God Squad: Moral diet doesn't guarantee a moral life

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God Squad Rabbi Marc Gellman

Rabbi Marc Gellman writes about religion for Newsday. ...

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I believe in the nonviolent teachings of Jainism (an Indian religion that predates both Hinduism and Buddhism). We teach this song to young Jain children. It expresses the belief in "ahimsa," which means the unconditional compassion for both animals and humans, and is the primary principle of the Jain religion of India:

"I will never hurt anyone.

Not with my words,

Not with a gun.

Not with my actions,

Not for fun.

I believe in ahimsa,

I will never hurt anyone."

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By contrast, young children of the Judeo/Christian tradition are taught this verse from Genesis 9:2-3:

"The fear and dread of you shall rest on every animal of the earth, and on every bird of the air, on everything that creeps on the ground, and on all the fish in the sea; into your hand they are delivered. Every moving thing that lives shall be food for you; and just as I gave you the green plants, I give you everything."

What was the shooter in Newtown, Conn., taught that turned him into a mass murderer? When religion teaches that it's appropriate to kill defenseless, harmless chickens, cows, pigs and other animals, the list can easily be extended by troubled, alienated young adults to include children. It's impossible to plead for mercy when we don't have it for others. The result is sorrow.

Why are there no vigils for the 59 billion animals killed every year to satiate the appetites of those who claim the right to kill in the name of religion?

-- R., via email

@Newsday

Thank you for your defense of absolute nonviolence. However, while I deeply admire your respect for life, I deeply disagree with your profound moral and spiritual stance in our violent and broken world.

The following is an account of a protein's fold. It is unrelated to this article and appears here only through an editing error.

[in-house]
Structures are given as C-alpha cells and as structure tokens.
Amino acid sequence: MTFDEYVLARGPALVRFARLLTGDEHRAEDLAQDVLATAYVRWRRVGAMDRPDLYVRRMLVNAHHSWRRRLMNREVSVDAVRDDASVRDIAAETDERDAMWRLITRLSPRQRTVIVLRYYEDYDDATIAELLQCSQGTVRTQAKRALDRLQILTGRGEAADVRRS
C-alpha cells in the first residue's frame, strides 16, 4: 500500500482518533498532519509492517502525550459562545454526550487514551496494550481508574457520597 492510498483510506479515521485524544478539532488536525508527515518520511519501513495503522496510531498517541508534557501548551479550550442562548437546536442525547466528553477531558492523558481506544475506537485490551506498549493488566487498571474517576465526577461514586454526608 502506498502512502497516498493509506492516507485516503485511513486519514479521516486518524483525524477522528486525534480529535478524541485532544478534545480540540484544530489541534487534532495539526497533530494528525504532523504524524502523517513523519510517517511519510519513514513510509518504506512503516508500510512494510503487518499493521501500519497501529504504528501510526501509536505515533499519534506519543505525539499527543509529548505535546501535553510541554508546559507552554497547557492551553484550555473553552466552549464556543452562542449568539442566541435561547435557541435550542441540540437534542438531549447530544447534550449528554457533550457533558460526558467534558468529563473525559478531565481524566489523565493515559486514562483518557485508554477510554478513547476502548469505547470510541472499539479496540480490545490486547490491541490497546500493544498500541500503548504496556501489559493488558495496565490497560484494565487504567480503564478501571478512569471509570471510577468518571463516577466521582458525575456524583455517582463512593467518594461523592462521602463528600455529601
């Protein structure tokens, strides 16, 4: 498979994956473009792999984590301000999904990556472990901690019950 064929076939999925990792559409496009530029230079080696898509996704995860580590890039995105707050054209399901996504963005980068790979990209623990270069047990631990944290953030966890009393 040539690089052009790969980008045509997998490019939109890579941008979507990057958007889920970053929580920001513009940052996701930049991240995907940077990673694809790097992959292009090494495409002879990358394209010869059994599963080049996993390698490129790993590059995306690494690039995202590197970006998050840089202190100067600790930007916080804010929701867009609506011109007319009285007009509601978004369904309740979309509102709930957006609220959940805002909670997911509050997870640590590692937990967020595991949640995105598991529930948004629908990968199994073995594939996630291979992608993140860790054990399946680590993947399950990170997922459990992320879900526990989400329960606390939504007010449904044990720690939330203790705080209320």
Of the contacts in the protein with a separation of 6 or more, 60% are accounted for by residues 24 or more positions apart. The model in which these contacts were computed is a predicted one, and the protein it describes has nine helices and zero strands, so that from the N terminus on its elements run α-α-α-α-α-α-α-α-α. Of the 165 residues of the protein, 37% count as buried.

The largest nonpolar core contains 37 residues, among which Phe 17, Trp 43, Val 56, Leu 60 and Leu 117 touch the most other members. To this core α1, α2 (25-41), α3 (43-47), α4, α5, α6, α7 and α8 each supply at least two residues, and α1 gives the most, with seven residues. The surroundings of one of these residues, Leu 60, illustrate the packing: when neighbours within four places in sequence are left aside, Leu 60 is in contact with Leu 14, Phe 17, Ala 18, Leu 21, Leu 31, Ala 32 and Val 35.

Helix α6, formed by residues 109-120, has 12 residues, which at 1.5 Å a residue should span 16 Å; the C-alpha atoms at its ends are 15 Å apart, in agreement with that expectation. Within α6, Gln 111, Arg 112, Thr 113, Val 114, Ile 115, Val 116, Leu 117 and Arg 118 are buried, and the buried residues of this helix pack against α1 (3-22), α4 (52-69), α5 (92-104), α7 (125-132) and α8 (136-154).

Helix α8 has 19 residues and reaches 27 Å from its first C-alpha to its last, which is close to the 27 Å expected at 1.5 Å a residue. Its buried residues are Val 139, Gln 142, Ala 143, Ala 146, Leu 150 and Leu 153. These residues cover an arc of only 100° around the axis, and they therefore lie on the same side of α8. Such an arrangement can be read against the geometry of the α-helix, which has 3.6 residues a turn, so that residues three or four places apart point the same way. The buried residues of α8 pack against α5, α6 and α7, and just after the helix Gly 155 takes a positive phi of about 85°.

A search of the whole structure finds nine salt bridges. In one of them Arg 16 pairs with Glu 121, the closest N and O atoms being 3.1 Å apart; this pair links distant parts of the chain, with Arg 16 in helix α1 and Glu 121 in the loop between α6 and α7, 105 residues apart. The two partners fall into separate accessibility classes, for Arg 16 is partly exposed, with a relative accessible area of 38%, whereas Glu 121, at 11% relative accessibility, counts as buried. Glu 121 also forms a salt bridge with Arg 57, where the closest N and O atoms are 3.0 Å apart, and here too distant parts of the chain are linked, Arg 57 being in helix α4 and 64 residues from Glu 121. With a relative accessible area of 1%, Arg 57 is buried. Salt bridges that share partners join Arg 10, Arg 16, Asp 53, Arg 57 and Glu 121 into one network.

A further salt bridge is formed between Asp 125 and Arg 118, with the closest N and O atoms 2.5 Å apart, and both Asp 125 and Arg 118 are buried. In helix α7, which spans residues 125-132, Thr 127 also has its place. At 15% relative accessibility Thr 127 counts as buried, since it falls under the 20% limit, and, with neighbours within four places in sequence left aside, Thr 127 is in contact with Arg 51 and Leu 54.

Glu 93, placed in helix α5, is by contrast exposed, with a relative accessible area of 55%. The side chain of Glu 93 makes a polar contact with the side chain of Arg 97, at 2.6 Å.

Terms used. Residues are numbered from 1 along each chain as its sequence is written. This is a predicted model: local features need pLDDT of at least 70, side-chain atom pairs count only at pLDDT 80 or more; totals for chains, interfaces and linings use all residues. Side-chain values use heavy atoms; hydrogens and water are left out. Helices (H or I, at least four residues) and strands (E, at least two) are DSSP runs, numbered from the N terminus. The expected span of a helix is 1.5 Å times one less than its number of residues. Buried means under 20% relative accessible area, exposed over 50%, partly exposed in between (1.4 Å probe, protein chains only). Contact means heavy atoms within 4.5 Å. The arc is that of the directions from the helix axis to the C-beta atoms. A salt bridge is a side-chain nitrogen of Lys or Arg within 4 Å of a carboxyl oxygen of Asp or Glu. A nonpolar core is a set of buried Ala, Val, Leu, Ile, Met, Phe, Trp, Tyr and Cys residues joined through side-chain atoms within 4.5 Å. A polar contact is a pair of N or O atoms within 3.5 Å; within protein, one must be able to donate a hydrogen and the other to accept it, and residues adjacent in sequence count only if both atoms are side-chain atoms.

The first time I learned that Jains often cover their faces to avoid accidentally inhaling an innocent insect, or sweep the path before them as they walk to avoid stepping on one, I realized that Jains were profoundly serious about ahimsa/nonviolence. Jains also teach a profound humility called anekantaveda, which I'm sorry to say may not be totally present in your question, particularly in your jarring connection between eating meat and slaughtering little children.

Do you really believe that the sick shooter set out on his rampage because he ate hamburgers? This reminds me of signs I've seen at vegetarian rallies trumpeting the slogan, "Meat is Murder!" I am truly open to the moral claims of vegetarianism, but such moral overreaching stretches a profound moral critique to the breaking point.

Hitler was supposedly a vegetarian. A moral diet is no guarantee of a moral life. Furthermore, the Jain teaching of anekantaveda also requires you in humility to respectfully consider opposing beliefs and remember that any philosophy or religion, including Jainism, which dogmatically asserts its beliefs, is committing a grave spiritual error, which requires all of us to consider our views of morality and human existence to be limited and flawed.

So let me try to help you become a better Jain, as you have helped me become a better Jew. There is reason to believe that living beings occupy different levels of moral significance. Eating a chicken may be morally wrong, but it's clearly not the same moral transgression as eating a person. The passage you cited from Genesis actually conveys the profound moral sophistication you say you're seeking. At first, God only allowed Adam to eat vegetables and fruit in the Garden of Eden. God only gave people permission to eat meat after the flood as a clear concession to human weakness, not as a clear moral good.

The killing of disease-bearing pests or infestations of crop-killing insects is not a mere moral concession; it's a moral requirement for feeding the world -- even if you only want to feed the world vegetables. The killing of invaders who want to enslave people or commit genocide is a moral requirement for freedom and for life, even if it causes the death of enemy combatants. The Jain tradition, as I learned it, in fact agrees with this exception to ahimsa and defends killing in national defense during wartime.

The largest point I would make to you is that life here on earth requires many compromises with pure morality. Ethics is, after all, the resolution of conflicts between two different and often opposing moral goods.

To imagine that we can live our lives with our faces covered is beautiful on one level and deeply naive on another level. I might, in fact, come closer to agreement with you . . . were it not for the mice in my cupboard. Peace.

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